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What animal do you associate with March?

When you ask any country person what animal is associated with March, it is more likely than not that they will say the hare, and more than just a hare, the Mad March Hare. Hares are much loved animals but most of the time their nocturnal lifestyle and their normally secretive daytime behaviour makes them so difficult to find that many people have only seen them on a screen. If you want to see hares, March is definitely the month to do it.

This is because the increasing day length triggers their mating behaviour, (which to us seems mad) and in March many of the arable crops such as wheat are still short enough for us to see what is going on. Later in the year they may still be just as mad but they will be hidden by the growing crops.

The madness consists of pairs or groups of hares careering about, chasing each other at high speed, twisting and turning, with the leader stopping every now and again to stand on her hind legs and batter her followers with her front feet. We say her, for two reasons. First, it is the rural convention to refer to all hares as her or she, whatever their actual sex. Second, in this instance, the leading hare is female, in spite of normally being the largest animal in the group. Another oddity of brown hares is that females (called Jills) are usually bigger than males and often very aggressive towards the pursuing males (Jacks).

There are lots of odd facts about the hares you can see chasing each other through the corn in March. For instance they are, surprisingly, not native to the British Isles. When the last Ice-Age ended our hares ancestors survived in several thousand miles away near what is now the Caspian Sea. They spread slowly westward but did not arrive in time to reach us on dry land before the melting ice flooded what we call the Channel and made us an island. They were brought here by Gaulish tribes in pre-Roman times. Not only did the Gauls enjoy hunting them, they used them for divination and even worshipped a God called Eoster (the root of our Easter) who took the shape of a hare.

Another oddity is that hares spend all their lives above ground. Most small mammals will use holes for shelter or to protect their young, think of a badgers sett, a foxes earth, or a rabbits burrow. All a hare has is a form. A shallow scrape in the ground in which it lies, and in which its young are born. No matter the weather, the hare and its young (leverets) just have to put up with it. On the plus side the leverets are born well developed compared to most mammals. Their eyes are open and they are fully furred and can eat solid food almost from birth, although their mother suckles them once a day (at evening) for a short time. Despite this they are extraordinarily vulnerable, to both weather and predation. Late snow or heavy, prolonged rain will kill them, and their only defence against predators such as foxes, crows, and stoats, is their camouflage, if they are discovered there is little hope of escape.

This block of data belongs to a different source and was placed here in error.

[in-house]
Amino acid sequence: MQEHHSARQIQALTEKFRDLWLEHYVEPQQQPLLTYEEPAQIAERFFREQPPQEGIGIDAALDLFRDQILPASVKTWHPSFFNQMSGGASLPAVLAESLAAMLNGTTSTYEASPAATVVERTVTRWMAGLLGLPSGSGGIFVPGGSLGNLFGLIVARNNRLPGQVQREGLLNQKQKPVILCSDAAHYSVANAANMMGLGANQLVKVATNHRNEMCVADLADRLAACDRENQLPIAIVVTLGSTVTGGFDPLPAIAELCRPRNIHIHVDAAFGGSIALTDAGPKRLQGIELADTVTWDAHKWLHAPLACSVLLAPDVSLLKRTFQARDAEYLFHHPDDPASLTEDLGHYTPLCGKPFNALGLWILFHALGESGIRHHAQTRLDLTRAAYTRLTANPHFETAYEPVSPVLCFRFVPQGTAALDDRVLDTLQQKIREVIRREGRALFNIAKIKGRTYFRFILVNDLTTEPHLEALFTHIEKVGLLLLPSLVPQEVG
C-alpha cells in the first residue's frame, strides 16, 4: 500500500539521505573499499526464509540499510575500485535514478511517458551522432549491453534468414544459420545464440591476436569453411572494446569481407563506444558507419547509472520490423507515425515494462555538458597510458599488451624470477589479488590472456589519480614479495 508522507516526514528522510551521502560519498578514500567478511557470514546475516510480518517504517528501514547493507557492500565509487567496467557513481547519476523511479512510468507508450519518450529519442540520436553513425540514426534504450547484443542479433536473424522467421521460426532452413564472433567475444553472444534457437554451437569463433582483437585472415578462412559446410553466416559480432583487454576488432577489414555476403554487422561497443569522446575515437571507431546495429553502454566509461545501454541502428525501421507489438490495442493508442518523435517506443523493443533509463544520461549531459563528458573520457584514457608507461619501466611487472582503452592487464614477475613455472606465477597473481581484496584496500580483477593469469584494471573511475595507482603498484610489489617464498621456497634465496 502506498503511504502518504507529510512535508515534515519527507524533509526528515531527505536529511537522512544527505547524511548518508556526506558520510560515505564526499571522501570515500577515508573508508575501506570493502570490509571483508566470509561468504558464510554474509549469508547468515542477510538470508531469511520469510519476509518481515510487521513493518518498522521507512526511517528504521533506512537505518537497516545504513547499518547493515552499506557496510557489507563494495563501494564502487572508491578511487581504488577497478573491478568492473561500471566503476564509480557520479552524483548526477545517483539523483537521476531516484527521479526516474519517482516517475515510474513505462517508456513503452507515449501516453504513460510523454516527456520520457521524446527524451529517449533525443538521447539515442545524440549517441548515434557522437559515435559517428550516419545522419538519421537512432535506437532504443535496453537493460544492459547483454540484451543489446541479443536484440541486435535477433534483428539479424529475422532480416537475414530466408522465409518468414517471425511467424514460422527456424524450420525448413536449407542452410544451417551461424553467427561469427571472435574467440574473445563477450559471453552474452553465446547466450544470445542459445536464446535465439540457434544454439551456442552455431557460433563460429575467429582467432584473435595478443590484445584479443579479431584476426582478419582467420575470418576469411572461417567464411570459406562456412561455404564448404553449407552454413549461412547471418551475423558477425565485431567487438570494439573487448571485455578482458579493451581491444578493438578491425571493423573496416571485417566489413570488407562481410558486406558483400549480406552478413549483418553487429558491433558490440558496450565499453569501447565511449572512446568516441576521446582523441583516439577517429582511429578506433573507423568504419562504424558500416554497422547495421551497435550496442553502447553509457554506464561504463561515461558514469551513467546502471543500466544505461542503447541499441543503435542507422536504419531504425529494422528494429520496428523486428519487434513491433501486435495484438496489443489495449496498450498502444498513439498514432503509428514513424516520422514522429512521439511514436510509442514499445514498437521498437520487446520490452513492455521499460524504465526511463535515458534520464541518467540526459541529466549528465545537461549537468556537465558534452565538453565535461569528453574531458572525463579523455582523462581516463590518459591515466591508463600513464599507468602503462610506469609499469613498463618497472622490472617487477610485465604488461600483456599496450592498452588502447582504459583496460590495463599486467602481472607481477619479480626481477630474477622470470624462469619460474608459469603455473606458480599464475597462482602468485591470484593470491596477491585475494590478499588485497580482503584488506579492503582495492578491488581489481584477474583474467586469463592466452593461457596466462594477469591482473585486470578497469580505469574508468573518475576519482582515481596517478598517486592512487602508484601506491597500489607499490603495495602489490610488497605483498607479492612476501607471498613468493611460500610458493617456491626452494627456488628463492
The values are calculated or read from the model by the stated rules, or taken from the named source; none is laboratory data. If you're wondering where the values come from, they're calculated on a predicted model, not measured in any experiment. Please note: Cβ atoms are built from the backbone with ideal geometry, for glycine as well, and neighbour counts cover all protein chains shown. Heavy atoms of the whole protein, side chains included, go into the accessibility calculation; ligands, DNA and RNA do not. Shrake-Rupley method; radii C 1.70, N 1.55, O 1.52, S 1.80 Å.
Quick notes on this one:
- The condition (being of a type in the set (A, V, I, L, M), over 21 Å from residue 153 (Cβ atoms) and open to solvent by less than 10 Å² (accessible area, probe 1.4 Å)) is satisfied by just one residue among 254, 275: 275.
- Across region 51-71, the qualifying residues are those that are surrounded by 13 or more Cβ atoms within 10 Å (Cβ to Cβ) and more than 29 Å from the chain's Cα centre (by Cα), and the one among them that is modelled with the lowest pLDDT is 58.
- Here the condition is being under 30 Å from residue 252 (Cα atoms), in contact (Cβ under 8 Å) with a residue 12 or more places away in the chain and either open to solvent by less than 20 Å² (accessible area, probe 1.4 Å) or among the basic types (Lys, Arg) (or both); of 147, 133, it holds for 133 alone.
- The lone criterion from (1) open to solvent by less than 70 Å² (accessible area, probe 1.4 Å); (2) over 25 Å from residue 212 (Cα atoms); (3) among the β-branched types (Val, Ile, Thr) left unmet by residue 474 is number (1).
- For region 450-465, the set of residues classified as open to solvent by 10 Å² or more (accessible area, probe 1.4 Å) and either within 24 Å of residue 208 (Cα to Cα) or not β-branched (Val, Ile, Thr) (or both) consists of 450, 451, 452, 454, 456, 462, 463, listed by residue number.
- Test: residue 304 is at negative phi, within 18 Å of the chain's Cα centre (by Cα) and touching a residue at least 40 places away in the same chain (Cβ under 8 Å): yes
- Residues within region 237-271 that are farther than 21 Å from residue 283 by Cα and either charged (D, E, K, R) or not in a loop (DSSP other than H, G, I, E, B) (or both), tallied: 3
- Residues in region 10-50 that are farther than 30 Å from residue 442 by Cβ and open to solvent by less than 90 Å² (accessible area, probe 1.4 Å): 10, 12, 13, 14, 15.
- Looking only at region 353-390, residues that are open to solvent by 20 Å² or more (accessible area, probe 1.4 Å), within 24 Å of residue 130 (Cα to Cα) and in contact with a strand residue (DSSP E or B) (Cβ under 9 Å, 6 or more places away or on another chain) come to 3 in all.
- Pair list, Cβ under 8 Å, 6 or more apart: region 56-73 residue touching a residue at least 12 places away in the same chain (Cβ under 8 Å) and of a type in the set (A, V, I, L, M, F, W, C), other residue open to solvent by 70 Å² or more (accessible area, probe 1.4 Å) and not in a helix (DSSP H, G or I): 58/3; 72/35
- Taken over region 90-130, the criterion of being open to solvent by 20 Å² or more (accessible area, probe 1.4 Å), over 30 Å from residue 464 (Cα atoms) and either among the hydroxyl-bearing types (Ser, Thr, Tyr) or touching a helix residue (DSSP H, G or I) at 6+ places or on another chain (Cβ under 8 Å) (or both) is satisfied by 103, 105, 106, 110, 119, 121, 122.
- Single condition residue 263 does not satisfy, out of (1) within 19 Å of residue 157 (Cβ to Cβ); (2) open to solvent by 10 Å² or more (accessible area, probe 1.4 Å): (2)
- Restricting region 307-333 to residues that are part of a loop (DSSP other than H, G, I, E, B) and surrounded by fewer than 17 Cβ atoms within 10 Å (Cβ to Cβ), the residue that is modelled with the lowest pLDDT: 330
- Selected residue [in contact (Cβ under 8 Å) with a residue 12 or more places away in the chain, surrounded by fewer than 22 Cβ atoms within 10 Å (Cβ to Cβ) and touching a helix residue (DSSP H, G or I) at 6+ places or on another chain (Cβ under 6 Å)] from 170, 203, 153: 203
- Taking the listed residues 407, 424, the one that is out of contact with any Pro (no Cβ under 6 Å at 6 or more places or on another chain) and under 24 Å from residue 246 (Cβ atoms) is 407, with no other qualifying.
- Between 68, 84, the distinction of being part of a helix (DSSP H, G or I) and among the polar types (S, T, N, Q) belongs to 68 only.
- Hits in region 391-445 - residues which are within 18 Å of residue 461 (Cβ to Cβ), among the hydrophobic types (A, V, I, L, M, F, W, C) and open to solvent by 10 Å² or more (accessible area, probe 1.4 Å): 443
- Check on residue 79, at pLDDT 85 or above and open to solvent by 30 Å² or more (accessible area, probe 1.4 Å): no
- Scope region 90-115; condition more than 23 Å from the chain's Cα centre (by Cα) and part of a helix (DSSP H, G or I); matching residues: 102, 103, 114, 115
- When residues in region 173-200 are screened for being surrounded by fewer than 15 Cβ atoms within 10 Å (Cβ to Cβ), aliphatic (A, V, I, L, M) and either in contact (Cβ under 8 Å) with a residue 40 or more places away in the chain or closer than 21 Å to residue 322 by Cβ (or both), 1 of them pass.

Hares are not evenly abundant across the UK. They are generally less common in the wetter, colder north and west, and more common in the drier south and east. They tend to be most abundant on the estates of East Anglia where farming makes habitat concessions to game management and gamekeepers carry out the legal control of common predators. Hares are grazing animals and need a variety of vegetation to ensure that they can find nutritious food at the right height for them to eat. These are the same conditions that favour game birds, and so the habitat management for them, coincidently helps the hares.

Nationally the hare has suffered from farm specialisation, where, instead of the older systems of largely mixed farming, with each farm having livestock and arable crops, they are now all dairy or all arable. This means that whilst there is plenty of food for hares at certain times of the year, there may be none at critical periods. On arable farms, perhaps surprisingly, this can be in the summer, when you might think that there is lots of food, but if it is all tall, weed free wheat and barley, too tall for hares and leverets to graze, they can starve in the midst of apparent plenty.

The reduction in the numbers of full time game keepers has also had an effect. Research shows that a single fox family can eat the entire leveret production in their area. If you add to this the impact of crows and other predators, in simplified agricultural environments, hares can have a difficult time.

The Game and Wildlife Conservation Trust has done a great deal of research into the problems hares face in the modern rural landscape and has published much of it in peer reviewed scientific papers. As a result we know what needs to be done to conserve hares, and happily, it is not unachievable at reasonable cost and trouble. Several government funded 'agri-environment' options available to farmers, can make a huge difference. Planting wild bird seed mixes, cover crops, beetle banks, hedgerows and grass margins can be done by any farmer, not just those who run shoots. All will help create the habitat mosaic that suits hares. If these are combined with efficient and timely predator control the chances of conserving hares in sustainable numbers rise even further.

So there is still a good chance in many areas, if you walk quietly through the March countryside, that you may still see the Mad March hares doing what comes naturally.

(Anyone wanting to know more about hares and their conservation than is contained in this short article can learn more from the 32-page report, A Future for brown hares, which is available free at

Written by Ian Coghill

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